Students embrace technology

Robin Heim

Villanova, students take quizzes online, download assignments from their professors’ websites and receive important announcements several times a day via e-mail. Cell phones are so popular on campus that the University has virtually done away with landline service in dorms, except for calls to other lines on campus.

Being tech-savvy is a must, and ‘Novans do it with style by keeping up with the latest trends in technology. With newer and faster models appearing on store shelves every day, deciding which cell phone has the best features or which laptop is fastest can quickly become overwhelming. Before you buy, research your options. To get you started, here is a list of some of the hottest laptops and cell phones on the market.

In the world of computers, laptops reign. For students who lug their computers from class to class, the new generation of smaller, lighter notebooks is a godsend.

One such model is Sony’s VAIO TX670P/W ($2,499.99). Weighing in at only 2.76 pounds, this sleek unit is lighter than most college textbooks.

“I can take it with me anywhere,” junior Michaela Kreter said about her VAIO. An added bonus is the long battery life. “I love not having to worry about my battery going dead while I’m studying in Falvey,” she added.

Now featuring the same USB ports and wireless standards as PCs, plus many formerly “PC-only” programs like Microsoft Office (which includes Word and PowerPoint), Apple’s G4 series iBook and PowerBook are easier than ever to use. With a relatively low base price of $999, Apple notebooks are fast, portable and virtually virus-free, and their sleek, futuristic appearance is the epitome of cool. An added bonus: college students receive a discount on Apple products when they order from

It seems as if wireless companies are coming out with newer, shinier and more feature-loaded cell phones every day. A novelty two years ago, almost every new cell phone now has a built-in camera. Some, such as Sprint’s Multimedia Phone MM-A800 by Samsung ($350) which boasts a 2.0 megapixel camera and camcorder, snap photos with the same quality as many stand-alone digital cameras.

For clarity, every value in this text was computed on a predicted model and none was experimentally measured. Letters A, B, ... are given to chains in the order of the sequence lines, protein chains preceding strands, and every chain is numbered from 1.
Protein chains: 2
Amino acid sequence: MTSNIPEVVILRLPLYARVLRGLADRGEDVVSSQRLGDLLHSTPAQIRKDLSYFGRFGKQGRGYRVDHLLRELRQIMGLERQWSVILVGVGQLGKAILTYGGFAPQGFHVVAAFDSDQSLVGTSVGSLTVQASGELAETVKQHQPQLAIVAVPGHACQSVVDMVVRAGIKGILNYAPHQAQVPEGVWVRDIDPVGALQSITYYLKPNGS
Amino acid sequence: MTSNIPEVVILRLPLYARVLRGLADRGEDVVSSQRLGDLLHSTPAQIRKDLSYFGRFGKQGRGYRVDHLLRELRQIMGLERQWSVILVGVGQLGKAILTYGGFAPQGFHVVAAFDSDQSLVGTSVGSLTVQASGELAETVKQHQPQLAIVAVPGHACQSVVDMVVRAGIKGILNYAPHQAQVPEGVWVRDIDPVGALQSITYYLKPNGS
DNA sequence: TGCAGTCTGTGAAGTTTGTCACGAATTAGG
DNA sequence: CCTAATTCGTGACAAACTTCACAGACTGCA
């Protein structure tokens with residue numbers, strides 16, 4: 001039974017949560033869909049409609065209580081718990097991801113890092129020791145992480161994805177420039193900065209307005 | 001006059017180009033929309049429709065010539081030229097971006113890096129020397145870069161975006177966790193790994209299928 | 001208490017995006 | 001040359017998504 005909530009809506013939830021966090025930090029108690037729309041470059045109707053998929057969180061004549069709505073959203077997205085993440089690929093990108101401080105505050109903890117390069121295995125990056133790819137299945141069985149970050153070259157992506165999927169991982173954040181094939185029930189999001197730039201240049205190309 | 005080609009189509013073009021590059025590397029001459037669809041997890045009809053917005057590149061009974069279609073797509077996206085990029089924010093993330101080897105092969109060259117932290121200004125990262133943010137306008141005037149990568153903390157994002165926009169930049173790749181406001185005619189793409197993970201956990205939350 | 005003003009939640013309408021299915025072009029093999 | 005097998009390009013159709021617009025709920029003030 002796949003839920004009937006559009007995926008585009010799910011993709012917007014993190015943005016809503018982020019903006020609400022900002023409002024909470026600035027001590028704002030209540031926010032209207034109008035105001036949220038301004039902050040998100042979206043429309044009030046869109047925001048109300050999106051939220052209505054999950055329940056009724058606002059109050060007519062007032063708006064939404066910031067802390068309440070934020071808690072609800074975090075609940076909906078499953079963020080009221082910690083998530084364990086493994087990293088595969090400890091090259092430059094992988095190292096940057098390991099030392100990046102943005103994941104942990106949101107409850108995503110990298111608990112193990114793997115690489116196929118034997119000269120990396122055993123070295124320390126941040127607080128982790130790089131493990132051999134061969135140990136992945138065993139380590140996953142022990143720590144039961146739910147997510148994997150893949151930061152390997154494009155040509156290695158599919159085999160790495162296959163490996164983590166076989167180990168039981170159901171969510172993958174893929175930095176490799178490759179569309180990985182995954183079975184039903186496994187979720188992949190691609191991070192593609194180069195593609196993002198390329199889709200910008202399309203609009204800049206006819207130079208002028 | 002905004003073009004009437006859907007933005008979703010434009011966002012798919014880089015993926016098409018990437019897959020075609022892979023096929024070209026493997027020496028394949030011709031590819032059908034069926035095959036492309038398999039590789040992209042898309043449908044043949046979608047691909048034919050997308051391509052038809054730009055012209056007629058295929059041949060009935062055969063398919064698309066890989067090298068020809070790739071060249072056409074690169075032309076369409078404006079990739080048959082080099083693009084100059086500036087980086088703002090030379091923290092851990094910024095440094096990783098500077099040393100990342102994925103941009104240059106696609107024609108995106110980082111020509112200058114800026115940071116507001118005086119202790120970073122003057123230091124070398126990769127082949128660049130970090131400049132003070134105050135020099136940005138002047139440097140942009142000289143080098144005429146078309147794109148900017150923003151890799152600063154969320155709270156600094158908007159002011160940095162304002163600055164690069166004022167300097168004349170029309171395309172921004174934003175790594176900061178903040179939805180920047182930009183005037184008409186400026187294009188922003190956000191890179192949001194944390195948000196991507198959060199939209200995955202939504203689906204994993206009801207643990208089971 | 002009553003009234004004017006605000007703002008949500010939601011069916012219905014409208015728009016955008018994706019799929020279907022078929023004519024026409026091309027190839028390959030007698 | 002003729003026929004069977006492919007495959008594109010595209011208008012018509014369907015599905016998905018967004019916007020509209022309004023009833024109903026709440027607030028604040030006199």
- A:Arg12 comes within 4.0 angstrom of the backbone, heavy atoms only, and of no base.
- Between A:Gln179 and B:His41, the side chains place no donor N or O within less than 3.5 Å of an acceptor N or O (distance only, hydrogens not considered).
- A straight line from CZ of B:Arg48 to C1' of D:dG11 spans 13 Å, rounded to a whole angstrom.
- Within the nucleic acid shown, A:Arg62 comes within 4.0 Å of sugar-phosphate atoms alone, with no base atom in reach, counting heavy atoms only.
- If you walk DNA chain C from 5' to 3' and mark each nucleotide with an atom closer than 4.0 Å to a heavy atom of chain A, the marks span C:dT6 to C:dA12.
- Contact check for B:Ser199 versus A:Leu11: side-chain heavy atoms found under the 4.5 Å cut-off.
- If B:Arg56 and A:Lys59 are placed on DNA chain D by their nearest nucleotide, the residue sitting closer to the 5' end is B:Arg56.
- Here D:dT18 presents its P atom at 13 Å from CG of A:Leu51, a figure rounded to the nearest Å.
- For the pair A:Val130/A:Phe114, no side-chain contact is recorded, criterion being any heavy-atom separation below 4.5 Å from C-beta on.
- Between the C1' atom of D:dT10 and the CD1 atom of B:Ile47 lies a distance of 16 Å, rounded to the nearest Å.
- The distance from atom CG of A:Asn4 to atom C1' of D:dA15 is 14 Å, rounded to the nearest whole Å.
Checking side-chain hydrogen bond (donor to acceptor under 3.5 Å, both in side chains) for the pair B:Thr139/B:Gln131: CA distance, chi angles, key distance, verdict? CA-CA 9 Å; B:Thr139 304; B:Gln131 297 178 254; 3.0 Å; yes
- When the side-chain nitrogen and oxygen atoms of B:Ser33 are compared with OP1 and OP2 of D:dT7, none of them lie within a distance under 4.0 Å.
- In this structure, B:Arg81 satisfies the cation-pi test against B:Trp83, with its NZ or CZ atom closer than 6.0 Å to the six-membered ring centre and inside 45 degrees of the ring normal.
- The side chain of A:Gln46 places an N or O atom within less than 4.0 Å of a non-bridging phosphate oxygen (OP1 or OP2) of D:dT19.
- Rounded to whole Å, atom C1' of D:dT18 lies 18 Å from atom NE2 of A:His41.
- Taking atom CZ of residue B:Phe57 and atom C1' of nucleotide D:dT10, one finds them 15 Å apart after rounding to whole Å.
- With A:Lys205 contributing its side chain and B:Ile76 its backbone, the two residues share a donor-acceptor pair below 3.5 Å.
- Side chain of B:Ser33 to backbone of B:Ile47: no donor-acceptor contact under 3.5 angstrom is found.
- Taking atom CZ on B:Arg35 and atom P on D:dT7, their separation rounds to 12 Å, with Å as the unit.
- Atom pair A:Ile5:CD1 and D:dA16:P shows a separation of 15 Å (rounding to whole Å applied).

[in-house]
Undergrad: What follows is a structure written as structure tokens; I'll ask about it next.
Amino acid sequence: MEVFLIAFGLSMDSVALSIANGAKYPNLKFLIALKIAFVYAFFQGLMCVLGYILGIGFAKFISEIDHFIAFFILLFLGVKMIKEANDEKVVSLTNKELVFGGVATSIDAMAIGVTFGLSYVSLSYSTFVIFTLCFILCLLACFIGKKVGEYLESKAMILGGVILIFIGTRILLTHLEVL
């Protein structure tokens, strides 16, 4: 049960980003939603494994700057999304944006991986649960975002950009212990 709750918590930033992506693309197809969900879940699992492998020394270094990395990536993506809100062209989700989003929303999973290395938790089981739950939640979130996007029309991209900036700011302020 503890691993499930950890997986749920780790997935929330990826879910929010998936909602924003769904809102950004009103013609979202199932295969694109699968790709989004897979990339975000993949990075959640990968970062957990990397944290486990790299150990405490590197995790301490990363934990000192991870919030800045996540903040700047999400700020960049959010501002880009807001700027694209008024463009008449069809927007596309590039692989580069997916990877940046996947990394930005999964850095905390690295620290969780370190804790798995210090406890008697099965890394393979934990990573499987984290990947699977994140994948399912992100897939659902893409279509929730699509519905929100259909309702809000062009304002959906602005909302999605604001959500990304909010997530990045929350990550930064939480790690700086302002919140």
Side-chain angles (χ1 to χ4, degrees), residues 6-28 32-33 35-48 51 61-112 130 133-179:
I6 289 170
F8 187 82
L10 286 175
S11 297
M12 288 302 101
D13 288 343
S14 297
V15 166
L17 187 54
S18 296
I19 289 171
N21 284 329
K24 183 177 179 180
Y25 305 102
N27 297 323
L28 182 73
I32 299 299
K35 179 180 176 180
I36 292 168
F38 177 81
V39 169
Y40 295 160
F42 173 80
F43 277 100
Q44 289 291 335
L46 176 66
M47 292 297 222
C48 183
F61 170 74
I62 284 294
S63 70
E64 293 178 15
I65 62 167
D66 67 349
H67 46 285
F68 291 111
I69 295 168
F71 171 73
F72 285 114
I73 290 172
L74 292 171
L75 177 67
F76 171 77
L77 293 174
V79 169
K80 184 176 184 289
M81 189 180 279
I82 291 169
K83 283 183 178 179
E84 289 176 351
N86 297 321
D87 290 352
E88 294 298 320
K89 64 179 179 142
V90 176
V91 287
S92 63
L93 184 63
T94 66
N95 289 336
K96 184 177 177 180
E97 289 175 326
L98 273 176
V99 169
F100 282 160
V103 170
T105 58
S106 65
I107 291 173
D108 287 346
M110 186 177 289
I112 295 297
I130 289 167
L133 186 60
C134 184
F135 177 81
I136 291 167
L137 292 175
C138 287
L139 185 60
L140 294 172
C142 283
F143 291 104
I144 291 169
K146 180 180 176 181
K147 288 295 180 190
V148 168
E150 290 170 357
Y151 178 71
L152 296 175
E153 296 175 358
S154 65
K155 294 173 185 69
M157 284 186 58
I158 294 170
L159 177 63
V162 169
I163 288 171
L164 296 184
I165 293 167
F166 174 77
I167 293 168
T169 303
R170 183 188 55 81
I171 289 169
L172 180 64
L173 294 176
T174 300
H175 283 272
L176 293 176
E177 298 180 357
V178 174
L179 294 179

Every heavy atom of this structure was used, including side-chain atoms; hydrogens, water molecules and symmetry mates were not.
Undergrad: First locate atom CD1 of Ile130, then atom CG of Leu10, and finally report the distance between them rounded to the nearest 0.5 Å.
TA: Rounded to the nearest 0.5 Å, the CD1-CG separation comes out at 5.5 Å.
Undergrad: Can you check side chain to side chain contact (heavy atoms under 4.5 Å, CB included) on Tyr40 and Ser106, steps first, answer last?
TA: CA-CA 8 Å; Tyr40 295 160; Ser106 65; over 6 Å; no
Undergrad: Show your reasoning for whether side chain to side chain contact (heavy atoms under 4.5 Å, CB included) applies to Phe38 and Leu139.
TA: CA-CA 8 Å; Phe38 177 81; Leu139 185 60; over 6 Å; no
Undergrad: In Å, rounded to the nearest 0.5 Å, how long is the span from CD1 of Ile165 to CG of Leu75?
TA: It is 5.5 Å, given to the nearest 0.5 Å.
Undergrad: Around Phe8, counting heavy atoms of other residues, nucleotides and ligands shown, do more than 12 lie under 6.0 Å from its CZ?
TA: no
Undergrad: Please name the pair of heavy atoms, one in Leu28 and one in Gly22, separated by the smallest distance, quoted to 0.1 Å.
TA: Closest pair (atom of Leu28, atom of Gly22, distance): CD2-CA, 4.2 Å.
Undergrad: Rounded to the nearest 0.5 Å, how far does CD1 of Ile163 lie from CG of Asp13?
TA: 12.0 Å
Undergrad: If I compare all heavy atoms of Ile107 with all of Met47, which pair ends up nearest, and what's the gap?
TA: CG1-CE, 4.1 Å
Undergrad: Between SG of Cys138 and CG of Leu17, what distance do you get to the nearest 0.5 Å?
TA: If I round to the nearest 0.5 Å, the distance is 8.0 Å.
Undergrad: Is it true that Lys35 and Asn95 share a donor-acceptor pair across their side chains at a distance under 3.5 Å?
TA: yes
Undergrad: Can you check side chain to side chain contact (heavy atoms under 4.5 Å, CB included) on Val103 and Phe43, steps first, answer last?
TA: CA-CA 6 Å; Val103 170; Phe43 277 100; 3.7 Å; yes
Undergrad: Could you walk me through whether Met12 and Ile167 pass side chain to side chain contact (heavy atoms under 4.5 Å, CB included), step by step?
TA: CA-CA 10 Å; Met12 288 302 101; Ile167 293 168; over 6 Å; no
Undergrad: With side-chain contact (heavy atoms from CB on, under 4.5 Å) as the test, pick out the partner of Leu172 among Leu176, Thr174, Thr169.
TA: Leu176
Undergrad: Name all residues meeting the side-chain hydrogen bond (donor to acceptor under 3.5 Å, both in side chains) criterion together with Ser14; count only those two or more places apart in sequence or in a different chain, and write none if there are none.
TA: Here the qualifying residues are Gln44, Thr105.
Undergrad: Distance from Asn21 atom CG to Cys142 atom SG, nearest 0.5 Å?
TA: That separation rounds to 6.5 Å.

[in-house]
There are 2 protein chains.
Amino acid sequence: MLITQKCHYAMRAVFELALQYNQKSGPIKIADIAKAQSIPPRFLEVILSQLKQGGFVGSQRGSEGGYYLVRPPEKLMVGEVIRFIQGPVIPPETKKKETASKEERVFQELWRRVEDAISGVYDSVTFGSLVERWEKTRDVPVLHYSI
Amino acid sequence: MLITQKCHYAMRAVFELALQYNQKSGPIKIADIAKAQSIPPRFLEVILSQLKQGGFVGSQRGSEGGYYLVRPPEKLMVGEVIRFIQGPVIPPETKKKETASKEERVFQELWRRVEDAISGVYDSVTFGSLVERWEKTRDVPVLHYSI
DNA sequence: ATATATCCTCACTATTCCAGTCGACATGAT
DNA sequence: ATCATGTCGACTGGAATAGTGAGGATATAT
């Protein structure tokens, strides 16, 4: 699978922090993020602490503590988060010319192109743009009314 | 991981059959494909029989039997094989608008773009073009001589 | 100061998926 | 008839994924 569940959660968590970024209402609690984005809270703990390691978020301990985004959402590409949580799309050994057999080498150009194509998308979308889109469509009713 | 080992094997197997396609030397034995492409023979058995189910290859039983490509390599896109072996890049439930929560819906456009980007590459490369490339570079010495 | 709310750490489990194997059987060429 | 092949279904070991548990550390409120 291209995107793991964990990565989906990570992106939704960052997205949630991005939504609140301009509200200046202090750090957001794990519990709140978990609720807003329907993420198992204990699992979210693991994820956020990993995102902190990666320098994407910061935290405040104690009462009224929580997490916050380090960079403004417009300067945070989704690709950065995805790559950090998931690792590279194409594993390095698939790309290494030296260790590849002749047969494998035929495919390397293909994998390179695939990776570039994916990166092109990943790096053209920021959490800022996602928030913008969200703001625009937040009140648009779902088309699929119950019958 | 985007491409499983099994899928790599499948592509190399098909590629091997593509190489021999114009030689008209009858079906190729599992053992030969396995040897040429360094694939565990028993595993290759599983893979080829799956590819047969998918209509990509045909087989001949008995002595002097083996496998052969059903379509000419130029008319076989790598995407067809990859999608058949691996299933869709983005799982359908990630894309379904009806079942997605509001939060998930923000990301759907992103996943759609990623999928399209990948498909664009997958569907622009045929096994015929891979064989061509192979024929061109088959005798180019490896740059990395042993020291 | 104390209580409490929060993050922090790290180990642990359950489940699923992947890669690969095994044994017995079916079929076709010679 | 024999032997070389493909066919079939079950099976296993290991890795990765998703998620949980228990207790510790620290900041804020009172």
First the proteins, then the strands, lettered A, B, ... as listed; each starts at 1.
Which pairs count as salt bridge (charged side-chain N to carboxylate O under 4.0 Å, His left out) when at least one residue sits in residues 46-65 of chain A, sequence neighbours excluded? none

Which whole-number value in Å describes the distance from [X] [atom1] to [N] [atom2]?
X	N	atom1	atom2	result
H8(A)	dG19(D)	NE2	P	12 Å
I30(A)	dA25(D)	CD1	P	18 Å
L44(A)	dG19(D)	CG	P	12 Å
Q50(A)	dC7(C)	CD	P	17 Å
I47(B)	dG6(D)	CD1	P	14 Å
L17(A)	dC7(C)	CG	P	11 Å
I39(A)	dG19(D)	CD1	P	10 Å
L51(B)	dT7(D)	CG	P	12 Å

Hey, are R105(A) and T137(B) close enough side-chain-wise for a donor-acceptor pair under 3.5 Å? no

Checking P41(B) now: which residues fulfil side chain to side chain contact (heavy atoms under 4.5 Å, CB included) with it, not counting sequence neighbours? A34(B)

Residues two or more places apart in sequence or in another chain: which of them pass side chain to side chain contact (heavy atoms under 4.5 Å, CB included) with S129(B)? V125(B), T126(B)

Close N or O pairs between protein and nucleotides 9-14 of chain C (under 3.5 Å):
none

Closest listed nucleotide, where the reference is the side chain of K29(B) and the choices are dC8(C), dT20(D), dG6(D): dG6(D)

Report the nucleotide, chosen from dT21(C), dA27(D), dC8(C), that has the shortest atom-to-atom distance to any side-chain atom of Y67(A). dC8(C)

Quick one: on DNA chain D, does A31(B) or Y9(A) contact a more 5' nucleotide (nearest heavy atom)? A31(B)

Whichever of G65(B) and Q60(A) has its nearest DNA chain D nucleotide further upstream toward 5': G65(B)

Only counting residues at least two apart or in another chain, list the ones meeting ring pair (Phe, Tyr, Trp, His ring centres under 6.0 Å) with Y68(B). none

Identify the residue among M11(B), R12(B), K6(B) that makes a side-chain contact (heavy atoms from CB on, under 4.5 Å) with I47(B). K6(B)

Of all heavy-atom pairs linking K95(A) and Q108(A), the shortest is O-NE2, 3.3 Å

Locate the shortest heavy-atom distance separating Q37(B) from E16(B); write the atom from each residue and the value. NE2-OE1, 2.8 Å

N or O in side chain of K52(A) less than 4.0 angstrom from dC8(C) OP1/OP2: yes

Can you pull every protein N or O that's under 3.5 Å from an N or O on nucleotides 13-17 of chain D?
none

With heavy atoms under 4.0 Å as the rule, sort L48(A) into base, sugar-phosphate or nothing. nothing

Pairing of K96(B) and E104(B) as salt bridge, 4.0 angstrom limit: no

Want a cell phone that fits easily in your pocket? Major carriers, including Verizon, Cingular and T-Mobile, sell the “razor-thin” Motorola RAZR ($299) that is as functional as it is good-looking. Another ultra-thin phone is the Motorola SLVR ($199), which is the second phone offered by Cingular that doubles as a way to play Apple’s iTunes.

Students willing to sacrifice size for extra features might prefer Verizon’s V phone by LG ($299). Though bulkier than many newer phones, the V has a 1.3 megapixel camera and camcorder, high-quality speakers for playing music and watching CNN mobile, a memory card for holding songs and images and best of all, a full qwerty keyboard that makes text-messaging and web browsing a cinch.

The latest phones have photo caller-ID and allow owners to download clips of popular songs to use as ring tones. Even cooler is Verizon’s ringback tone plan. For $0.99 per month and $1.99 per tune, subscribers can download songs that others hear in lieu of a ring tone when they call your phone.

You don’t have to worry about Grandma being subjected to 50 Cent every time she calls you, though, because Verizon allows you to customize who hears your tone and even at what time of the day it plays.